OLUNAKU OLWOKUJUKIRA… Juggling with Health

The event, a joint collaboration among Hiccup Circus Uganda and the Infectious Diseases Institute – Makerere University, was at the Treasure Life Youth Centre  – Kamwookya – where about 1,000 audience members participate.  The meningitis team, based at the Infectious Disease Institute – Mulago Campus – cares for adults with HIV-associated brain infections, such as cryptococcal and TB meningitis. The team are trying to find better diagnostics and treatment for these conditions.

Meningitis is a type of brain infection, from which people with HIV who are not on antiretroviral therapy are at particular risk. Meningitis has a very high death rate, with up to 50%. One reason for this is people present to the hospital very late when the diseases is already very severe. Lumbar puncture (taking water) is a very important part of the diagnosis and treatment of meningitis. However, many people are afraid of lumbar punctures and refuse this life-saving treatment in the hospital. The aims of this public engagement event were as follows:

  1. To raise awareness in the community about early symptoms of meningitis – headache, neck pain, fevers, confusion, seizures
  2. Encourage people to present to Kiruddu hospital earlier when the disease is still mild
  3. Explain lumbar puncture, why it is done and reduce anxiety about the procedure
  4. To make people aware of the meningitis team and the RifT and Ambition studies, how the study can help people with meningitis and how to access the study

During OLUNAKU OLWOKUJUKIRA have been used interactive community performances to help educate people about public health. The community was entertained through music, acrobatics, juggling, clowning, fire breathing and a drama sketch were performed to help spread the educational messages around meningitis and lumbar punctures.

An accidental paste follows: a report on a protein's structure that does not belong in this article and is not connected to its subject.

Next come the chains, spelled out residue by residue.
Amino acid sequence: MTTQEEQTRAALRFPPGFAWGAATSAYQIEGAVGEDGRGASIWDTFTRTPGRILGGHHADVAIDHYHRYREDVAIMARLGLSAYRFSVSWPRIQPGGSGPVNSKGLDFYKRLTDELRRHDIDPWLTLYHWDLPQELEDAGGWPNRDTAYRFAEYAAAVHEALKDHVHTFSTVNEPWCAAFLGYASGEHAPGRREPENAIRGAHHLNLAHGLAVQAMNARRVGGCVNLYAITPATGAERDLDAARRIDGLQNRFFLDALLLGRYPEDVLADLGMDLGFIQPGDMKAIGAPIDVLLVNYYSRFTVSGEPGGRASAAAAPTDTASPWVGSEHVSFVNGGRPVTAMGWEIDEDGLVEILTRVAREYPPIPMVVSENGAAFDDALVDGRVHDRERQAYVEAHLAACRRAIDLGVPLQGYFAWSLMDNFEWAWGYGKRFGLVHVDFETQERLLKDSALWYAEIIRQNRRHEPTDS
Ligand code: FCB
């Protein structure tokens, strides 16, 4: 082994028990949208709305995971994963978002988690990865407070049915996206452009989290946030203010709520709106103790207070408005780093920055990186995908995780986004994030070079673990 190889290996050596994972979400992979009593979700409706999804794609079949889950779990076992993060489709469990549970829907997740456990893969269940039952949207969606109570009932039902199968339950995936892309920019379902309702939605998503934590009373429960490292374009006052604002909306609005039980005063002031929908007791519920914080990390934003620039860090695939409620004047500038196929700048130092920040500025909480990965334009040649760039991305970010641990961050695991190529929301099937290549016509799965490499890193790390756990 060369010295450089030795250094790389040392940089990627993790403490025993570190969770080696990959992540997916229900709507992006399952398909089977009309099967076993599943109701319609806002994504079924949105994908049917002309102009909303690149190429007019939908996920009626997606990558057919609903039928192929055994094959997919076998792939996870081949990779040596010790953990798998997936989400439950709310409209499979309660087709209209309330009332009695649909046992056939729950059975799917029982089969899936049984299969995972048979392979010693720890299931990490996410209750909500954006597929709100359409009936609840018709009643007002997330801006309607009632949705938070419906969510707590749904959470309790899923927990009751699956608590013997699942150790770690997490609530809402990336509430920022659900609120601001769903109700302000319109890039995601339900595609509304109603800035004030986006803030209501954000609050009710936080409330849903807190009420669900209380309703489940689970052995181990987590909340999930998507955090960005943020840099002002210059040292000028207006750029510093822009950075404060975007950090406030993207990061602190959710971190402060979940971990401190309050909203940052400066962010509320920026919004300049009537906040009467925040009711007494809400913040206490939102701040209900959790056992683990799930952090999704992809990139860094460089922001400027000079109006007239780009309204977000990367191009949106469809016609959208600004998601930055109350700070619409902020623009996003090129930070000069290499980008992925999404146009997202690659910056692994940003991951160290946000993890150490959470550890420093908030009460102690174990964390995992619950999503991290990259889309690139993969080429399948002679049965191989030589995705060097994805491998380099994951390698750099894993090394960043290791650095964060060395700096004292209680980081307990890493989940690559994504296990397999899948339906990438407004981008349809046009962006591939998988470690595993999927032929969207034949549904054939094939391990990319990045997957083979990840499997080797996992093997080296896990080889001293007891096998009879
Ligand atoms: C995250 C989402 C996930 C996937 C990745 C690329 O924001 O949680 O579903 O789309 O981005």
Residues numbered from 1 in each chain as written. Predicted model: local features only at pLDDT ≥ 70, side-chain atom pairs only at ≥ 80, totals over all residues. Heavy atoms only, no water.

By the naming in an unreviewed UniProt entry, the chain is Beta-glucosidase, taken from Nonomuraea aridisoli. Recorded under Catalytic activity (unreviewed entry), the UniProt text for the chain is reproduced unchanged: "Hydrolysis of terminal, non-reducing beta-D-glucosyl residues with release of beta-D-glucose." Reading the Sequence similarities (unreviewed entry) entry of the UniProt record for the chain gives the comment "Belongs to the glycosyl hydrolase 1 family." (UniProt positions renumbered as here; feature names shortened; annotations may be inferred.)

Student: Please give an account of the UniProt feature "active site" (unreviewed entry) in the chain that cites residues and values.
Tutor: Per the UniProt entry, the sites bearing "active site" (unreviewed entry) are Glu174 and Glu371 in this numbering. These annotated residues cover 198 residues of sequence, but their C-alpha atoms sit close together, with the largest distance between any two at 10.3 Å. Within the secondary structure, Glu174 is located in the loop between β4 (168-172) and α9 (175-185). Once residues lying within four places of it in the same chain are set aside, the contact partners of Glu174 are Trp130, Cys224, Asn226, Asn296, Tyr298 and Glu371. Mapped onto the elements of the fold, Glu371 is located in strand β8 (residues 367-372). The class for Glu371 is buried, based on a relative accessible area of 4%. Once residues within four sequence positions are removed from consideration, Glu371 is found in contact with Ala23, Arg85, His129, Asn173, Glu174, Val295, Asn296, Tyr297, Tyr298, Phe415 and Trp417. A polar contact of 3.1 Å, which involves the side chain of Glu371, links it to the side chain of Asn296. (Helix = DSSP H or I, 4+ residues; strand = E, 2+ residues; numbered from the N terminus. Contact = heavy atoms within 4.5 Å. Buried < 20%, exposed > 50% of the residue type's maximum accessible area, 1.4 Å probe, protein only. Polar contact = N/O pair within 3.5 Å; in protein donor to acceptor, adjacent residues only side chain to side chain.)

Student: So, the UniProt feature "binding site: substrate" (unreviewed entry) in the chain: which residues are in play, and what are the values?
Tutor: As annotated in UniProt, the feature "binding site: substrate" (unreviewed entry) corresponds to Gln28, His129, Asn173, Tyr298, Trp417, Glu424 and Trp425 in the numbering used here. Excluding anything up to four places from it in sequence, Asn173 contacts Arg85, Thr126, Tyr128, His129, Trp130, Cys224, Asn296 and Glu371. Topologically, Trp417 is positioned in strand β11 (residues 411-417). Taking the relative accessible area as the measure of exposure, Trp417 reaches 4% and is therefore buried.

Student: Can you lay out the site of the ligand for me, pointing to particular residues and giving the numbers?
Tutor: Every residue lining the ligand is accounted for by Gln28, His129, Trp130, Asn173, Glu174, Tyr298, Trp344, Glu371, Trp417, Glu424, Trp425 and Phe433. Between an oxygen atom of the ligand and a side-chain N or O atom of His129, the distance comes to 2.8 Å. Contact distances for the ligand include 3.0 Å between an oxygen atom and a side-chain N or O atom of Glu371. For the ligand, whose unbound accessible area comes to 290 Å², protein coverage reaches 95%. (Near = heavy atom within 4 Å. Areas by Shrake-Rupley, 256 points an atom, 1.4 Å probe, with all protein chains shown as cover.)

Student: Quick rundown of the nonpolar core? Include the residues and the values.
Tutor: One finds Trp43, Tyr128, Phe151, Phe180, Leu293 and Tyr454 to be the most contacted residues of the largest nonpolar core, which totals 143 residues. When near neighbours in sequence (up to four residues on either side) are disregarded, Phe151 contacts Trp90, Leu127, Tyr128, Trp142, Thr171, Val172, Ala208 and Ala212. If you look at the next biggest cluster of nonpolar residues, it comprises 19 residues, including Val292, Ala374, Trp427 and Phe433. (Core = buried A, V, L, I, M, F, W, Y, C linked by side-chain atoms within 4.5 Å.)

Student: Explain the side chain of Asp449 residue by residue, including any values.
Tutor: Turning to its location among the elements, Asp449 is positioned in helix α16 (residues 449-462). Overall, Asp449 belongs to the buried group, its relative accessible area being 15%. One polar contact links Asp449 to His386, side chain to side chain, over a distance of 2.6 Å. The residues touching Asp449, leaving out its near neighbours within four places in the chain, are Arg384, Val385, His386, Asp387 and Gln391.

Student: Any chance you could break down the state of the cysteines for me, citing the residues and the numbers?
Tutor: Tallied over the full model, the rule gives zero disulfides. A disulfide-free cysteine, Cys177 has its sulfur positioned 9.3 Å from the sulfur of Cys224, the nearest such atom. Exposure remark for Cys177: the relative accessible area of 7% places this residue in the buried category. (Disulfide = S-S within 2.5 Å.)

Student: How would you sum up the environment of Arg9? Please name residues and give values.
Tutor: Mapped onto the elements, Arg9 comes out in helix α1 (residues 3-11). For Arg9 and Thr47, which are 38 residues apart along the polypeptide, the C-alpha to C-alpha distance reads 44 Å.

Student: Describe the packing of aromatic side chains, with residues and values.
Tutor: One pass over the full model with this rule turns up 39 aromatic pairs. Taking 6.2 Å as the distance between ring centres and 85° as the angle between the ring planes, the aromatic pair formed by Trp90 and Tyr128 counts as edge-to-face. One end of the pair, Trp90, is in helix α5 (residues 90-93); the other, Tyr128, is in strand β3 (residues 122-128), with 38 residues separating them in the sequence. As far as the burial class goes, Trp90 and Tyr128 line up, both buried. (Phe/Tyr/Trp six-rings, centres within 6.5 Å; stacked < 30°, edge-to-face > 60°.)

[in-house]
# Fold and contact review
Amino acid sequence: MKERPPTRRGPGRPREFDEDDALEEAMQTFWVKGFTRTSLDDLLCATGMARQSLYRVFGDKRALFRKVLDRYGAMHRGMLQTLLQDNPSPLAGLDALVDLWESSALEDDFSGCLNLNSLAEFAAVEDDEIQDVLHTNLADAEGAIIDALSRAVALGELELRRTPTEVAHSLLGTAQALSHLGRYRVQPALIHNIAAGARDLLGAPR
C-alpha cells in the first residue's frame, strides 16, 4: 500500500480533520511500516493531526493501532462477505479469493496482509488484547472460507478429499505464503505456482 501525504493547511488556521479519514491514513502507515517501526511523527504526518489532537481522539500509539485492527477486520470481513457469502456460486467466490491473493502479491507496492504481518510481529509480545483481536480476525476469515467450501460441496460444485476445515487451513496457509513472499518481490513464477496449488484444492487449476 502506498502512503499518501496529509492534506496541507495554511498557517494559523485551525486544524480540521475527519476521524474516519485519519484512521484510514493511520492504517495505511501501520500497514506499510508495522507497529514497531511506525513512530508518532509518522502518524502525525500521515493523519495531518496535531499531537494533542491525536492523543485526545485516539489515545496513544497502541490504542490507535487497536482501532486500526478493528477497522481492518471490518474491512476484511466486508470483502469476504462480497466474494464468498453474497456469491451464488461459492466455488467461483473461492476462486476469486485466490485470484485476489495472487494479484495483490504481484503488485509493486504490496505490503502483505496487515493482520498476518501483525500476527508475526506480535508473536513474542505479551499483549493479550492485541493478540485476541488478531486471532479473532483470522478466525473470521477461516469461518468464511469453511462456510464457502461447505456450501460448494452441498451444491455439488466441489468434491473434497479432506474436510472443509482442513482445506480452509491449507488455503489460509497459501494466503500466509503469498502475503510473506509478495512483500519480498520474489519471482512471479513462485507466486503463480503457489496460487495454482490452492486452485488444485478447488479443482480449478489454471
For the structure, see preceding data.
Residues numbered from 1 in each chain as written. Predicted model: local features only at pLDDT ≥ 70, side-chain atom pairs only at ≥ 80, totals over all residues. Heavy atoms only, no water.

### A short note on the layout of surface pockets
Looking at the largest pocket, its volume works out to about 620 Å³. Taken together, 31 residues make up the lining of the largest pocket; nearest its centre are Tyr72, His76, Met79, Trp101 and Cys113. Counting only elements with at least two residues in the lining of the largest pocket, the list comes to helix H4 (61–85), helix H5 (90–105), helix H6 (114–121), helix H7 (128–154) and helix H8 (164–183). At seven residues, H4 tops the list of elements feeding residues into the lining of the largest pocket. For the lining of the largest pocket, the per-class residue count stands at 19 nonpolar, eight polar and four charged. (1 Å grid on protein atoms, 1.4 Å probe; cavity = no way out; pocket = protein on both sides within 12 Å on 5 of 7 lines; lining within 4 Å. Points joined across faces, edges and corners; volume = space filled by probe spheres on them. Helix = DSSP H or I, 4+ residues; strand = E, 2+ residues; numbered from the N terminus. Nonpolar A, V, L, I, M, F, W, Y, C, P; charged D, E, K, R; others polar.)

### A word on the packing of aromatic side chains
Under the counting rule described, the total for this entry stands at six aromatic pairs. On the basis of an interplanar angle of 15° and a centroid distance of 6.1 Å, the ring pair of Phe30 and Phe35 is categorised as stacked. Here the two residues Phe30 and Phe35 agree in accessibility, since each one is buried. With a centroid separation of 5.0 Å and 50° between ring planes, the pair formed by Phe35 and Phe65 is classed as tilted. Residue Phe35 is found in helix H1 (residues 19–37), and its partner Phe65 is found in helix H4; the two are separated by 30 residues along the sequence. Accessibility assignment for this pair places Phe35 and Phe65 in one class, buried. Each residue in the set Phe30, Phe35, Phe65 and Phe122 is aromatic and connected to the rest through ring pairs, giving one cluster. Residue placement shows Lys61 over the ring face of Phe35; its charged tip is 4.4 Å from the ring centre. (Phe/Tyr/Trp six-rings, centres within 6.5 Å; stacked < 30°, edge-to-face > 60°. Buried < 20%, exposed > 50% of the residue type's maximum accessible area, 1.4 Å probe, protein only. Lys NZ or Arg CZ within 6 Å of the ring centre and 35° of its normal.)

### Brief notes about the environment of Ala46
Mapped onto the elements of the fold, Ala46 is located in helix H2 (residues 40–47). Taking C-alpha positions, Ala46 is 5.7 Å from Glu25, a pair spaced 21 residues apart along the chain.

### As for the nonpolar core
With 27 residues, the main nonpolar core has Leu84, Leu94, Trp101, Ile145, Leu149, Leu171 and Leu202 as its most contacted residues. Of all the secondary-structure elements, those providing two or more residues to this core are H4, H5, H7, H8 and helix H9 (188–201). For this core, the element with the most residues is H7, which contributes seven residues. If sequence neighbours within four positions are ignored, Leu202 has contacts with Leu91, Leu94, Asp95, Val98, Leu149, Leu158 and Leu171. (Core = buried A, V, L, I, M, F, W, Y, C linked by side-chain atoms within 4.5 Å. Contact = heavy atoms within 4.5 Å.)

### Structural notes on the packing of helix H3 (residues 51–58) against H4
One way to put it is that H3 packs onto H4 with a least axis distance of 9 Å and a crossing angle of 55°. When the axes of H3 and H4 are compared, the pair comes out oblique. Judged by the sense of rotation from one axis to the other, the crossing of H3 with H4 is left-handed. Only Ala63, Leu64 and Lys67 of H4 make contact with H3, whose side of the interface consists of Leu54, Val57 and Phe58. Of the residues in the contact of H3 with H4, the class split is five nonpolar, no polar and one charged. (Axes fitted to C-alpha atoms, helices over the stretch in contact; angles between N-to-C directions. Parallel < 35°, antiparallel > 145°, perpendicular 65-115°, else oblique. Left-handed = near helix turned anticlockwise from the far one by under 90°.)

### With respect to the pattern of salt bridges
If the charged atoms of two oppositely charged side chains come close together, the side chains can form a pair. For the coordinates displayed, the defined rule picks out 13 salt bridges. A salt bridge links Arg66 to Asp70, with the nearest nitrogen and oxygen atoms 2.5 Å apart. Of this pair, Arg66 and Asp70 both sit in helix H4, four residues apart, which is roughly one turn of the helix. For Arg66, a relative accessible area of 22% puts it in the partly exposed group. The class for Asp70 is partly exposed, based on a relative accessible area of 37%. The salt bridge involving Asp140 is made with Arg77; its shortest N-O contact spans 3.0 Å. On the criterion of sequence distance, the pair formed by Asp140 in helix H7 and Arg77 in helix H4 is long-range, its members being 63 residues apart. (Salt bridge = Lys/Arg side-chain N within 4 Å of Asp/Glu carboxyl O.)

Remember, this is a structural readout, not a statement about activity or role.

In the course of the show there was a question and answer session with a survivor of meningitis, the HIV advocate Dr Stephen Watiti, who has written extensively on the subject. Members of the IDI meningitis research team were at the venue as well to meet with the community and answer questions from the public.

One hour of an amazing live show: 10 artists on stage performing 15 different circus numbers. Our Ringmaster was busy as well playing a central role in keeping the spectators’  attention constantly focused on the theme and frequently interacting with them.

Even the members of spectators’ family were included; at the end of the show booklets containing relevant information have been distributed while, the broad Kampala communities, was reached with the communication and visibility activities as press releases, photo-video shoot distribution, newsletter, website and social media updating.

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